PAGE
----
The Mystique of "Cyberwar" and the Strategic Latency of Networked Social Movements; Strategic Insights, v. 10, Special issue (October 2011), 61-77. Topic: Global Trends and Future Warfare ; Part II: Technological and Doctrinal Innovation
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First, on the whole, in this paper I adopt the self-conscious tone of the historian ever sensitive to the continuity of events as opposed to their change. Having said that, though, I also believe that we are as a species near to a genuine discontinuity, which some scientists have described as the Singularity, the point at which human intelligence is surpassed by machine intelligence.2 Afterwards, whether we merge with our digital offspring, are massacred by them, or kept as reverend ancestors, or much-loved pets, there is no point speculating about war (or anything else); until then, however, war will remain as it ever was, an act of force to compel our enemy to do our will, if you prefer Clausewitz, or the collective action of a group of men to realize their own will even against the resistance of another group, if you prefer Weber. Second, no one would deny the awesome opportunities for business, governments, and citizens that the unparalleled advancement of digital interconnectivity in recent decades has brought with it cyberspace penetrates nearly every aspect of our lives, how we work, entertain ourselves, consume, maintain friendships, find spiritual sustenance, educate ourselves, and participate in civic life as free citizens. Indeed, so deep and multi-layered is the interpenetration of the 'real world' by the 'digital world' that it is increasingly nonsensical to speak of the two as distinct and separate. Clay Shirky puts it this way, Ã¢â‚¬Å“The old view of online as a separate space, cyberspace apart from the real worldÃ¢â‚¬ï†, the whole notion of cyberspace is fading. [Cyberspace is not] an alternative to real life, [it is] part of it.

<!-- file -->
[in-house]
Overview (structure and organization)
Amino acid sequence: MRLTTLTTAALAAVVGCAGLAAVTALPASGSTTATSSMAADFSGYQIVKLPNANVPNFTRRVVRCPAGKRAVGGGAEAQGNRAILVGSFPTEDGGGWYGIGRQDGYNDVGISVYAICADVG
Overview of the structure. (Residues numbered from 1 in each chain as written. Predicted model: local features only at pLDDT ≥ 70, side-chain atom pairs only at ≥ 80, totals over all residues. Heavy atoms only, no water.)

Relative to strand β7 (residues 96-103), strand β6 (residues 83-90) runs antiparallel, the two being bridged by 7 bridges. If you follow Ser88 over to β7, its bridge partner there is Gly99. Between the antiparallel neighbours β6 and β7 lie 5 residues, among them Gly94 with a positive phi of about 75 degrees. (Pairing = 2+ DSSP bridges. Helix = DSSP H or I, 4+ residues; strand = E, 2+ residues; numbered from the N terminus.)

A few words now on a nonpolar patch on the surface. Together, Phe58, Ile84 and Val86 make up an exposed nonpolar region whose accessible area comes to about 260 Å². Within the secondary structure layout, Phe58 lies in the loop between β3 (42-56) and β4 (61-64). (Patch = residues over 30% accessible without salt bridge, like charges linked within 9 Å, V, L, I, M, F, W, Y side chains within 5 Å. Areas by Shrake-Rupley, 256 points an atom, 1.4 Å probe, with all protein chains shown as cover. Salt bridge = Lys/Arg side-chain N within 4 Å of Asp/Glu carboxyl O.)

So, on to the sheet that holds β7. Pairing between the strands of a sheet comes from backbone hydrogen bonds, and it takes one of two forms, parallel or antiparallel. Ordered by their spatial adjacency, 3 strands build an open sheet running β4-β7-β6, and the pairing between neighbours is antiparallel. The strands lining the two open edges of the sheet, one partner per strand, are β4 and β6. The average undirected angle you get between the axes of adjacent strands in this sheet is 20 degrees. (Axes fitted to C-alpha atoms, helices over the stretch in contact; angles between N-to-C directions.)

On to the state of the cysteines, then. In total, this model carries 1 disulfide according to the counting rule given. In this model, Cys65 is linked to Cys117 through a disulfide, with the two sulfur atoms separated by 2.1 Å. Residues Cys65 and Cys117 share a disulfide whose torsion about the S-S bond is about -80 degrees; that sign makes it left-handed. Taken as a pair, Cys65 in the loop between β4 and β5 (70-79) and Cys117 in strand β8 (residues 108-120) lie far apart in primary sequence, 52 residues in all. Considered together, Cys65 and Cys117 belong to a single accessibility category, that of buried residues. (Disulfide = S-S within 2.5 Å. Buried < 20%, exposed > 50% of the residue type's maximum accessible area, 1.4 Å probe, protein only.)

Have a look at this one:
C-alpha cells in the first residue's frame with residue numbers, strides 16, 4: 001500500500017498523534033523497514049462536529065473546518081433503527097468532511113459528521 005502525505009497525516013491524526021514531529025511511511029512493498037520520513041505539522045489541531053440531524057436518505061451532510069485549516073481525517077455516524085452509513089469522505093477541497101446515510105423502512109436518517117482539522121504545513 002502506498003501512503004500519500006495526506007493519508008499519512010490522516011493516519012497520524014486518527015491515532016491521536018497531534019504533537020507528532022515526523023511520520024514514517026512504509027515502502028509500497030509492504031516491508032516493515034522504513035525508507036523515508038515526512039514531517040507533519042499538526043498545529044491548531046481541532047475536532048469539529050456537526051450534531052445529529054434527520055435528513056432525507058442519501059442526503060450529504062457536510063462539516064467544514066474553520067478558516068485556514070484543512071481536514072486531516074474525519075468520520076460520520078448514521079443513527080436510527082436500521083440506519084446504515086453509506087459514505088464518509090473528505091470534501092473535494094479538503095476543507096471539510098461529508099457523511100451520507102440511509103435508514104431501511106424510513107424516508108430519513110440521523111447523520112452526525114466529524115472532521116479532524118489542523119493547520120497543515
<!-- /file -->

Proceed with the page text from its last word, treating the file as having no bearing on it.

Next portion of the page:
This article appeared in Strategic Insights, v.10, Special issue (October 2011), 61-77. Topic: Global Trends and Future Warfare ; Part II: Technological and Doctrinal Innovation
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